318

I need to create a form that will display something based on the return value of an API. I'm working with the following code:

class App extends React.Component {
  constructor(props) {
    super(props);
    this.state = {value: ''};

    this.handleChange = this.handleChange.bind(this);
    this.handleSubmit = this.handleSubmit.bind(this);
  }

  handleChange(event) {
    this.setState({value: event.target.value});
  }

  handleSubmit(event) {
    alert('A name was submitted: ' + this.state.value); //error here
    event.preventDefault();
  }

  render() {
    return (
      <form onSubmit={this.handleSubmit}>
        <label>
          Name:
          <input type="text" value={this.state.value} onChange={this.handleChange} /> // error here
        </label>
        <input type="submit" value="Submit" />
      </form>
    );
  }
}

I'm getting the following error:

error TS2339: Property 'value' does not exist on type 'Readonly<{}>'.

I got this error in the two lines I commented on the code. This code isn't even mine, I got it from the react official site (https://reactjs.org/docs/forms.html), but it isn't working here.

Im using the create-react-app tool.

2

9 Answers 9

501

The Component is defined like so:

interface Component<P = {}, S = {}> extends ComponentLifecycle<P, S> { }

Meaning that the default type for the state (and props) is: {}.
If you want your component to have value in the state then you need to define it like this:

class App extends React.Component<{}, { value: string }> {
    ...
}

Or:

type MyProps = { ... };
type MyState = { value: string };
class App extends React.Component<MyProps, MyState> {
    ...
}
3
  • 7
    omg, ty dude, it worked now, just answer me one more thing, this syntax is related to TypeScript right? because in react official site it doesnt have anything similar Commented Nov 29, 2017 at 23:36
  • 10
    Yes, this is strictly typescript related. Commented Nov 30, 2017 at 0:11
  • 3
    The right define is: class Square extends React.Component<{ value: string }, { }> { ... } Commented Jun 14, 2019 at 8:54
118
interface MyProps {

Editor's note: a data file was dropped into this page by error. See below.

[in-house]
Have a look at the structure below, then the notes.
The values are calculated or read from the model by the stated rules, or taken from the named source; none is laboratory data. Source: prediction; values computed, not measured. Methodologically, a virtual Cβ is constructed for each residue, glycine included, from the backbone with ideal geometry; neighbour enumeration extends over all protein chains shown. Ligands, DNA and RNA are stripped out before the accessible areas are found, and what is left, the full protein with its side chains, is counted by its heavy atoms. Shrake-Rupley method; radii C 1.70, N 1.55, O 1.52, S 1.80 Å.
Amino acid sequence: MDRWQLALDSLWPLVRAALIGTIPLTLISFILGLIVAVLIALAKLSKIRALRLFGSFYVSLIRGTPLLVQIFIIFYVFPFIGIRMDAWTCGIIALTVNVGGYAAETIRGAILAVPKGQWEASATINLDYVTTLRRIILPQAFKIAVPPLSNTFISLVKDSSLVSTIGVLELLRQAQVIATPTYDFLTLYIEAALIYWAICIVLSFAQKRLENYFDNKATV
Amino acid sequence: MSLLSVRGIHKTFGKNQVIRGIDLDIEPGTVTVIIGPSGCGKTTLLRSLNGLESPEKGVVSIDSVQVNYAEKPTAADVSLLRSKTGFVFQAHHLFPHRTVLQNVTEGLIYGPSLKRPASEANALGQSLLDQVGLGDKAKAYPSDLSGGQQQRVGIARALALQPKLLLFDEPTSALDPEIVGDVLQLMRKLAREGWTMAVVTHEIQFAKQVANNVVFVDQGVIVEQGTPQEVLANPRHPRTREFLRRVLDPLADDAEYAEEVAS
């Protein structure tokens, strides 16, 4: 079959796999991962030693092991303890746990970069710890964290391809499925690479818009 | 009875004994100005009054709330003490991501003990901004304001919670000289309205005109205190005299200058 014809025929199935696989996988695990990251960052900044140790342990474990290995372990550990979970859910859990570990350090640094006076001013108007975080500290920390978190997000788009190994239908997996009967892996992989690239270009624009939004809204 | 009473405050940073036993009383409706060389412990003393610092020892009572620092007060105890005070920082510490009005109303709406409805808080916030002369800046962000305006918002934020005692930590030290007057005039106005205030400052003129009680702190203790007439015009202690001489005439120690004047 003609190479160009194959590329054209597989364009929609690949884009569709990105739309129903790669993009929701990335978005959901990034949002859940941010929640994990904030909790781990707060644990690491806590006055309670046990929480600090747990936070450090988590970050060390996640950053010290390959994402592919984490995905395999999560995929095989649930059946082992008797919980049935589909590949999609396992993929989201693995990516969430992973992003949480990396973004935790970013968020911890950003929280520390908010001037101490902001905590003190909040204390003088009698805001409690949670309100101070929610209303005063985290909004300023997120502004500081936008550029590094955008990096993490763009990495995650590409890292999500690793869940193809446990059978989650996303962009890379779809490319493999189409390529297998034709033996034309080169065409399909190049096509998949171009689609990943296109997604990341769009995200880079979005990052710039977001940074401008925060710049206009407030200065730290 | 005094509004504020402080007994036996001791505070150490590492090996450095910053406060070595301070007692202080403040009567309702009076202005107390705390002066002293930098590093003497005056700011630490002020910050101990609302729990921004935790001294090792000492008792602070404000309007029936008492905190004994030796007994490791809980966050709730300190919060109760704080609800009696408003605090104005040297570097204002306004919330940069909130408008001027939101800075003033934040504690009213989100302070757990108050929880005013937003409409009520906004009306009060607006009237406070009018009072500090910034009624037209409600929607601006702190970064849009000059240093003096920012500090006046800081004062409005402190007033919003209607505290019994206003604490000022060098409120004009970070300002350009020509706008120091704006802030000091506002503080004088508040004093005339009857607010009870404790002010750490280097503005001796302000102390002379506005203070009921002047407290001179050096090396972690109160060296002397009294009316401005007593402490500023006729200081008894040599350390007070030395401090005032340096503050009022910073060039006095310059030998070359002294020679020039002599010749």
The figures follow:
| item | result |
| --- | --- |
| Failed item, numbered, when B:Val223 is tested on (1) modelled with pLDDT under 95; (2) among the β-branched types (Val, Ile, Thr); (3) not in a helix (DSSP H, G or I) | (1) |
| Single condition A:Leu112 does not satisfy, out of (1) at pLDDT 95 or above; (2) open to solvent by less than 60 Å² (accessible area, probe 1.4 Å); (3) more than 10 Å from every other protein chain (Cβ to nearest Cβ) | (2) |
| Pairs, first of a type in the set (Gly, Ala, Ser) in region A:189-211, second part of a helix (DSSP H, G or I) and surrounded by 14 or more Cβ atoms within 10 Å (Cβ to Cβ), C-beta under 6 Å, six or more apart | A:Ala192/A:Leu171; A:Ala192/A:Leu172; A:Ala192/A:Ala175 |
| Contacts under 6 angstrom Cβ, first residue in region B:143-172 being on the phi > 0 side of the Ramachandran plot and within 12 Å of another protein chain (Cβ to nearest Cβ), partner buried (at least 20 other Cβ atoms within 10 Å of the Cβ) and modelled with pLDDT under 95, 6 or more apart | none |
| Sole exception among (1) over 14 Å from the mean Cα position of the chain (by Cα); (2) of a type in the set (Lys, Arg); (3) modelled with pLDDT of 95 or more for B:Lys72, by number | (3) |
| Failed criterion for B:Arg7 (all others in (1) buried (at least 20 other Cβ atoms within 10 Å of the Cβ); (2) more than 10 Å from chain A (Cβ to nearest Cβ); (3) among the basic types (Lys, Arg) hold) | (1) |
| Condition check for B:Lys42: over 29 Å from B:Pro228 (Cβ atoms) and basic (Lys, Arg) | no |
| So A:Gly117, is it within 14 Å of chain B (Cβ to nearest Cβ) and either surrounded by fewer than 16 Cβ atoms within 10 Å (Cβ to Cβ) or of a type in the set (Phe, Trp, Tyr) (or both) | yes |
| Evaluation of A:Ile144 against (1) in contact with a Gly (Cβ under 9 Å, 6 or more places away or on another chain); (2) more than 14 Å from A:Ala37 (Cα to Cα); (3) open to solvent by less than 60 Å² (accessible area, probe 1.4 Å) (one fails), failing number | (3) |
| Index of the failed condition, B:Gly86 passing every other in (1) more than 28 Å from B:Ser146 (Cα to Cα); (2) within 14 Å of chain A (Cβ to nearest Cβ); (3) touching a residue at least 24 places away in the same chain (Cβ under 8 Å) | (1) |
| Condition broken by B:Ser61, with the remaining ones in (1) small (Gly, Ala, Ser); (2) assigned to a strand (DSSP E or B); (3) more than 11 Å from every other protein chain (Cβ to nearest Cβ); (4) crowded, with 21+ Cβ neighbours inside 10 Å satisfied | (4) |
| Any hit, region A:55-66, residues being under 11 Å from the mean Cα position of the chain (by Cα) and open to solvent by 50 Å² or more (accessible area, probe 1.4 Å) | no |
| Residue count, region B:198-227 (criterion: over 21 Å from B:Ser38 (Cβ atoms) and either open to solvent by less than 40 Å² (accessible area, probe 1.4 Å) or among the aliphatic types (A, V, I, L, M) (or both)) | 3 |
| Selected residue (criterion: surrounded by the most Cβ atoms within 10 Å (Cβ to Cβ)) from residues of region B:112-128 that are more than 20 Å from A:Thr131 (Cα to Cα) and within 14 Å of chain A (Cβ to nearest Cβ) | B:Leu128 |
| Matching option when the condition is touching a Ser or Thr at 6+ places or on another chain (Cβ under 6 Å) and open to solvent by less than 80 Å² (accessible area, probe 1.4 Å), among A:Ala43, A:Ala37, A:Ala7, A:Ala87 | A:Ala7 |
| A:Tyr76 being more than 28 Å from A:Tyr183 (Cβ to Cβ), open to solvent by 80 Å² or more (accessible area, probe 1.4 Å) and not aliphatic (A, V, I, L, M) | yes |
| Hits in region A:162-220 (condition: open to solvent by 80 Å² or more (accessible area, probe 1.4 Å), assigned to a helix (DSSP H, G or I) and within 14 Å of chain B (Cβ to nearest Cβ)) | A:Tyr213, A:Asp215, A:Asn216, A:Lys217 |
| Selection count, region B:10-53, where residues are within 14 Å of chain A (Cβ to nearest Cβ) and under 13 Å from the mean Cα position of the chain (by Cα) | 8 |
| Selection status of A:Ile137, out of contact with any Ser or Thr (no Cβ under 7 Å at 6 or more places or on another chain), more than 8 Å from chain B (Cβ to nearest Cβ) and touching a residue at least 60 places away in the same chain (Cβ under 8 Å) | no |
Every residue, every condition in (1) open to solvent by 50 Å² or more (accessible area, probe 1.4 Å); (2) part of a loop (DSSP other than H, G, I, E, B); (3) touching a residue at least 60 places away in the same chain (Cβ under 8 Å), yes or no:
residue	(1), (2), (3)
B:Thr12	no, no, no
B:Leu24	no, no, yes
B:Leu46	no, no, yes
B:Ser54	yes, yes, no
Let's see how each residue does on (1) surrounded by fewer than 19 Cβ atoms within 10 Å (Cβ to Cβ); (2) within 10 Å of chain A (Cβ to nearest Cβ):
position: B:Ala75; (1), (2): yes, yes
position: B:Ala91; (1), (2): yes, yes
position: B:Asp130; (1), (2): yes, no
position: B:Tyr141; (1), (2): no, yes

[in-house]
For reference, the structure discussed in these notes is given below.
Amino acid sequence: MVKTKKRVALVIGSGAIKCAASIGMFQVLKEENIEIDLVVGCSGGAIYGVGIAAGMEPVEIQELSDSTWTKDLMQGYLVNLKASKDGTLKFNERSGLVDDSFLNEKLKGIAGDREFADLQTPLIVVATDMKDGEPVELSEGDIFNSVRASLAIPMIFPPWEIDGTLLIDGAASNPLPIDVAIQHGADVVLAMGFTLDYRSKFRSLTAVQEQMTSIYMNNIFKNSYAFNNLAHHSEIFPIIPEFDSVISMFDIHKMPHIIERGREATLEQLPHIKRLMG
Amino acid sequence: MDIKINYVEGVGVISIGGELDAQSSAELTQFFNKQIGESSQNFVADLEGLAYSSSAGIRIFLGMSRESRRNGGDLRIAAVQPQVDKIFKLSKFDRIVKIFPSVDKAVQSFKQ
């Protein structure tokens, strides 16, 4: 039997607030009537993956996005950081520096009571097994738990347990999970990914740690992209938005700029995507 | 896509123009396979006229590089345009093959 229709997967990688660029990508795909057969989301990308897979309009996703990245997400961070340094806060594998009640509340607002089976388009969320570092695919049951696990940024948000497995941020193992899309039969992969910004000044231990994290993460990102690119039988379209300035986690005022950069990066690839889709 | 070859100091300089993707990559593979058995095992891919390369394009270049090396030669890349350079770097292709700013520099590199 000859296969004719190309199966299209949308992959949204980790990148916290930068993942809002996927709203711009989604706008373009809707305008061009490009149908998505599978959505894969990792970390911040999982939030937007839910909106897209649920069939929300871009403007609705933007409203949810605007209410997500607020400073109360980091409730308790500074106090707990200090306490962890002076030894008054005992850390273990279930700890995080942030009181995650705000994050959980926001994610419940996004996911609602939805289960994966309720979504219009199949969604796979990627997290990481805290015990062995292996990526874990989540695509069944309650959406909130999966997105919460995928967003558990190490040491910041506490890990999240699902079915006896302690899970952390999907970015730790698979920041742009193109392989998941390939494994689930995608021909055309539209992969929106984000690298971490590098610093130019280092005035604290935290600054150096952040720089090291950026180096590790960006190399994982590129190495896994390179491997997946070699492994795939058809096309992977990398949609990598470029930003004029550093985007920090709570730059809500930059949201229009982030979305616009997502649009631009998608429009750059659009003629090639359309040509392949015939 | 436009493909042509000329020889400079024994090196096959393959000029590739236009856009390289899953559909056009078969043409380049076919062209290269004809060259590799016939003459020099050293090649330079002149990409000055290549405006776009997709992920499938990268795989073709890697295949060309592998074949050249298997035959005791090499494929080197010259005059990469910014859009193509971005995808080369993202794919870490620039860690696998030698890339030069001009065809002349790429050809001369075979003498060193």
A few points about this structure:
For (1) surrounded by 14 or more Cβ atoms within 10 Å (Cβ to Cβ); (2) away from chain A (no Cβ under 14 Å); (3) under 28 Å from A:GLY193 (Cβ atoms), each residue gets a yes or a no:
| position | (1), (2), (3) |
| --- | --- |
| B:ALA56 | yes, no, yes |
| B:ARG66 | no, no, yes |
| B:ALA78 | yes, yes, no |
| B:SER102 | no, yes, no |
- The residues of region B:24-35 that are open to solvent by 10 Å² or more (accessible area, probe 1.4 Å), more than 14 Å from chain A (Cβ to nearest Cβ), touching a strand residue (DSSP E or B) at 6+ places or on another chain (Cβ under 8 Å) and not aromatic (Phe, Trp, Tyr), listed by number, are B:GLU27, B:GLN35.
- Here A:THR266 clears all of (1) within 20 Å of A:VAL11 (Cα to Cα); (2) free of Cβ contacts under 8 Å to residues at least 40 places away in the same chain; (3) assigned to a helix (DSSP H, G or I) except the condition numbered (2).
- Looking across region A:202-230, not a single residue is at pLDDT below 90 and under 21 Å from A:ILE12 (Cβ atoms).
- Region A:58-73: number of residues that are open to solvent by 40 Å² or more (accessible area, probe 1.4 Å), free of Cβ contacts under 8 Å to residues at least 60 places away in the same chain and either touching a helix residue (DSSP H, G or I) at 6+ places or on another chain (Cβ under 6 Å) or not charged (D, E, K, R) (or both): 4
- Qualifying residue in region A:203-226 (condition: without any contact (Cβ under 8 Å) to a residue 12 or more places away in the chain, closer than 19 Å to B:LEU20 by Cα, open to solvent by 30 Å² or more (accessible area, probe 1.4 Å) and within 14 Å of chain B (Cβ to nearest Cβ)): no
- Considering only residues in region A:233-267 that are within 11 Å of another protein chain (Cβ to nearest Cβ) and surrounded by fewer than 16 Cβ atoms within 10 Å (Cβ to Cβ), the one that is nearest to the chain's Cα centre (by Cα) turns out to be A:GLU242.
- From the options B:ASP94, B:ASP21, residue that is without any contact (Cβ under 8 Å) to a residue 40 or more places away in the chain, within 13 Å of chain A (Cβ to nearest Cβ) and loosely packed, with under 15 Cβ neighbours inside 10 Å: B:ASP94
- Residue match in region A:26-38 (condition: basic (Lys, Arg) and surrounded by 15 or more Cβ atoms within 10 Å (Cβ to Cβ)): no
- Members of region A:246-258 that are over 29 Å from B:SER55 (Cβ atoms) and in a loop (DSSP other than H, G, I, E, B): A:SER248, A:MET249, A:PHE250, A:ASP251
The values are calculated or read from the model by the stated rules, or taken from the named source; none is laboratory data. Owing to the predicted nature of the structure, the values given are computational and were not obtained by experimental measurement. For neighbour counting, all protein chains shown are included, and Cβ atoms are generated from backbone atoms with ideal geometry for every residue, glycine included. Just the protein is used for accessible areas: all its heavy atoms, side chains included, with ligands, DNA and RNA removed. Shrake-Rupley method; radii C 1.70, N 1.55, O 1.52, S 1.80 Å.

...
}

interface MyState {
  value: string
}

class App extends React.Component<MyProps, MyState> {
  ...
}

// Or with hooks, something like

const App = ({}: MyProps) => {
  const [value, setValue] = useState<string>('');
  ...
};

type's are fine too like in @nitzan-tomer's answer, as long as you're consistent.

1
  • 2
    Please sum up what consistent means in the context of your post so that it's possible to have its full value without the need to read the medium article (which is a great useful link, thank you). Commented May 16, 2019 at 18:12
52

If you don't want to pass interface state or props model you can try this

class App extends React.Component <any, any>
1
  • Useful if you are using base component and overriding state interface. Commented Jun 15, 2023 at 23:20
22

I suggest to use

for string only state values

export default class Home extends React.Component<{}, { [key: string]: string }> { }

for string key and any type of state values

export default class Home extends React.Component<{}, { [key: string]: any}> { }

for any key / any values

export default class Home extends React.Component<{}, { [key: any]: any}> {}
16

The problem is you haven't declared your interface state replace any with your suitable variable type of the 'value'

Here is a good reference

interface AppProps {
   //code related to your props goes here
}

interface AppState {
   value: any
}

class App extends React.Component<AppProps, AppState> {
  // ...
}
2

According to the official ReactJs documentation, you need to pass argument in the default format witch is:

P = {} // default for your props